"WA6BFH: "For myself, I want to have my fatal heart attack while taking a rest half way up the 800 foot tower, waiting for someone to bring me my deep fried chicken lunch! "

And I, for one, support you in that, 100%


I'd much rather be doing something else than be on a tower when the woodbine twineth for me.

Think about it.
RE: Pacemakers, Defibrillators & Deep Fried Ch  
by WA6BFH on June 8, 2005 Mail this to a friend!
VGX, aren't you the chap who was asking me about Dr. House?
RE: Pacemakers, Defibrillators & Deep Fried Ch  
by K4JSR on June 8, 2005 Mail this to a friend!
Pass me a chicken fried Twinkie and a Crisco sandwhich, please.
RE: Pacemakers, Defibrillators & Deep Fried Ch  
by WA6BFH on June 9, 2005 Mail this to a friend!
And Beer, Mmmmmmmm Beeeeerrrrr!
RE: Pacemakers, Defibrillators & Deep Fried Ch  
by W4SK on June 9, 2005 Mail this to a friend!
I've been away for a few days. Did BFH have his heart attack yet?

RE: Pacemakers, Defibrillators & Deep Fried Ch  
by WA6BFH on June 9, 2005 Mail this to a friend!
After some responses to a post I got on another 'reflector', I'm thinking I may just shoot myself first!
RE: Pacemakers, Defibrillators & Deep Fried Ch  
by W9WHE-II on June 10, 2005 Mail this to a friend!
The practicle solutions are simple:

1) have a good, RF (not DC) ground with a short lead (#2 copper from radio to earth) to 20-50 feet of #6 solid copper burried SHALLOW (2-3 inches below the surface for stray RF;

2) Use double shielded cable, like LMR-400;

3) Make sure the antenna is far away;

4) when keying up, do not touch the radio or anything connected to it;

5) Put a torroid (#43 for HF) on the mic cable with lots of turns; and

6) do not operate with a high SWR.

RE: Pacemakers, Defibrillators & Deep Fried Ch  
by N2WEC on June 10, 2005 Mail this to a friend!
I will buy W9OY a beer. Seriously. Anybody with the smarts to do anesthia......OK with me. I will stick to chest trauma and and max inmates. A drink from one medical professional to another.

William Chapman RN
RE: Pacemakers, Defibrillators & Deep Fried Ch  
by WA6BFH on June 11, 2005 Mail this to a friend!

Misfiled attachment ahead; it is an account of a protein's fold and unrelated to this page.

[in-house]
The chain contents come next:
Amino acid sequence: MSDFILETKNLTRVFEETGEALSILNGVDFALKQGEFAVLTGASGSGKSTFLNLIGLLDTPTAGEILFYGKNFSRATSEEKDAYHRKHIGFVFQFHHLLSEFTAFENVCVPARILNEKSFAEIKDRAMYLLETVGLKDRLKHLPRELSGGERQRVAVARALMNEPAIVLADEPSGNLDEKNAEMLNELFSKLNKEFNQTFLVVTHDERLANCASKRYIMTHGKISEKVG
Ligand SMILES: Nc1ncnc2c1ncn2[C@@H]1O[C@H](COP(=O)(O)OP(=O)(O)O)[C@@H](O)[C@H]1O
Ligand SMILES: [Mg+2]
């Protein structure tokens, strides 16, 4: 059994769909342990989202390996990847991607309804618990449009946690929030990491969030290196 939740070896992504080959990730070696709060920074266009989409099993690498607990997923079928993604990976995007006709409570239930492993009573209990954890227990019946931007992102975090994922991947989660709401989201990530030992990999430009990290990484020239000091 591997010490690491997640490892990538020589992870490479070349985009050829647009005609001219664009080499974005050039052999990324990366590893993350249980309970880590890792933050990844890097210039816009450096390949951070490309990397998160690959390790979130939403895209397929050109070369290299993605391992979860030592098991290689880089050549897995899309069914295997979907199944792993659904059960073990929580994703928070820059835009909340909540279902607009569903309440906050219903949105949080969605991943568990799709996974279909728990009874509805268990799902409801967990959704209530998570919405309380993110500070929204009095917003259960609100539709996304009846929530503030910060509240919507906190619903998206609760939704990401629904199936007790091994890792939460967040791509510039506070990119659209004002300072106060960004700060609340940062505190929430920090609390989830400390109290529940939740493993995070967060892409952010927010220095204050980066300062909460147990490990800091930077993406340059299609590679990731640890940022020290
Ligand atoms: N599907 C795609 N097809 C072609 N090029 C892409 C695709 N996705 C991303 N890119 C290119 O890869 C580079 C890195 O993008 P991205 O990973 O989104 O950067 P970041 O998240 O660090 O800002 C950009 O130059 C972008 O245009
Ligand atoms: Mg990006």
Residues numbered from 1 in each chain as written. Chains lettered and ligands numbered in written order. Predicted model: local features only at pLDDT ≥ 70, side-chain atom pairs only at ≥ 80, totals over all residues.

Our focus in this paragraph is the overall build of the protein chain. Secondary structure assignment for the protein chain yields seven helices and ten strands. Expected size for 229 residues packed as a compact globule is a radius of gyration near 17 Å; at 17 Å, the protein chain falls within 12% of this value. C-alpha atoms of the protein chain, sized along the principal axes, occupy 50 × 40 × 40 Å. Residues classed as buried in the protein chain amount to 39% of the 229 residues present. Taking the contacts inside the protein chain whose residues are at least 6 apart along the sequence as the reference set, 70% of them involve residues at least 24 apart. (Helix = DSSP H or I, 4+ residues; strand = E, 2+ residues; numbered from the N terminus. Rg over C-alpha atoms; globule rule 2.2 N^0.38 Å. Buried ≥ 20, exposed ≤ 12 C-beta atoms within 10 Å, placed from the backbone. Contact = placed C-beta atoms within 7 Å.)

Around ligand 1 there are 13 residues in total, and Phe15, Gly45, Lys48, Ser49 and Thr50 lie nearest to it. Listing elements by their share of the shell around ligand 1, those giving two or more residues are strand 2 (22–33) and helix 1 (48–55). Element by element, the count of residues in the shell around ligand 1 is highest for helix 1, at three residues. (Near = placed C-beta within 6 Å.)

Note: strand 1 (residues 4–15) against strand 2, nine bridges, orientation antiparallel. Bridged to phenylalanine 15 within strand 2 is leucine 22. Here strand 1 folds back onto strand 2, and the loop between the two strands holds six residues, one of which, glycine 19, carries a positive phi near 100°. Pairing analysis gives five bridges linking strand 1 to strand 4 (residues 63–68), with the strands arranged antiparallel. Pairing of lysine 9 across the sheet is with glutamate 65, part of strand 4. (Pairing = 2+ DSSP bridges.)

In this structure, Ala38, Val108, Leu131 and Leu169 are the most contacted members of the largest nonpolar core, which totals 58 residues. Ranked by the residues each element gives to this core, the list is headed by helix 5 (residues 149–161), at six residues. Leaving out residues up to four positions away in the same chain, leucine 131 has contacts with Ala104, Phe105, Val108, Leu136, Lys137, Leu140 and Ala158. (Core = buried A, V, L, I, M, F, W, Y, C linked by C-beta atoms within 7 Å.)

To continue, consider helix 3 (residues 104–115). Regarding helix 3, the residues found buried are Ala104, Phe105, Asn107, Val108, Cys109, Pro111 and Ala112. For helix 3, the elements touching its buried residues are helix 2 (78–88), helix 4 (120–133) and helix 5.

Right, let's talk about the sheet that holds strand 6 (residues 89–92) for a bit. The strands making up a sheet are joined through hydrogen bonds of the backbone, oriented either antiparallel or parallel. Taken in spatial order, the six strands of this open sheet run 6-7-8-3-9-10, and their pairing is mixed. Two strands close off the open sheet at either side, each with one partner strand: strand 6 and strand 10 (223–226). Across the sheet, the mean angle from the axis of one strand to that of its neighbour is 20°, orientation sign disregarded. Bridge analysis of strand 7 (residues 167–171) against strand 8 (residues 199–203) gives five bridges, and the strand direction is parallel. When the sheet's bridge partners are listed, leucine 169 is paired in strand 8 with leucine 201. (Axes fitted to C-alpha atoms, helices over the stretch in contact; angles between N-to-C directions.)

Yea W9OY, not to cast aspersions on your friend but, that expression you used almost sounds too close to the old "No kids, no K's, no WA's"!
RE: Pacemakers, Defibrillators & Deep Fried Ch  
by K8LEA on June 11, 2005 Mail this to a friend!
Always wondered what happened to W2OY....

Some years back, Joe WD8PRG (now an SK) turned up at our repeater group lunch just after getting a pair of pacemakers installed.

We always seemed to have a dozen HT's on the table.

I told Joe to please shut off his pacemaker's 'cause they were bothering our receivers....

He lasted another 8 years or so. The HT's weren't a problem.

'Course, he didn't carry one. Joe had some serious HF gear at home, but had been warned, and apparently had no problems there either.

Great guy.... His oldest boy is a close friend.

A while before that, we were sitting at lunch deciding what to give Joe as a "retirement gift". It was customary for the group to buy a piece of ham gear when one of the guys retired. (A teenager of about 36 summers was our youngest member.) Since Joe's health conditions were known, one of or members sugbbested that we wait a bit, and if he croaked, we could save a few bucks.... He was given the check for that Saturday's lunch.... Along with a "sh...."

RE: Pacemakers, Defibrillators & Deep Fried Ch  
by W9EJB on June 11, 2005 Mail this to a friend!
I have gotten into this discussion a bit late. The issue of RF interference to implanted medical devices (particularly pacemakers and defibrillators) has been of some interest to the industry for some time. Ever since the days of the microwave ovens (has not been a FDA concern for over 25 years). More recently the cell phone issues have been of concern. The EMI center at the University of Oklahoma looked very specifially at this issue ( ). They looked at the issues of both analog (FM) and digital modulation schemes with the technology about 10 years ago. The industry standard, based on these studies, is to use feedthrough capacitors at the lead header of the devices.

However these are relatively low level RF fields and the issue of high field strength was not studied. I suspect that even if you are running a kilowatt the field strength in the shack is not something to be too concerned. The companies have excellent people who can give the best guidance.

By the way the rule of thumb for the cell phones is to use "prudent avoidance" , i.e. use the ear on the other side of your body from the device implant.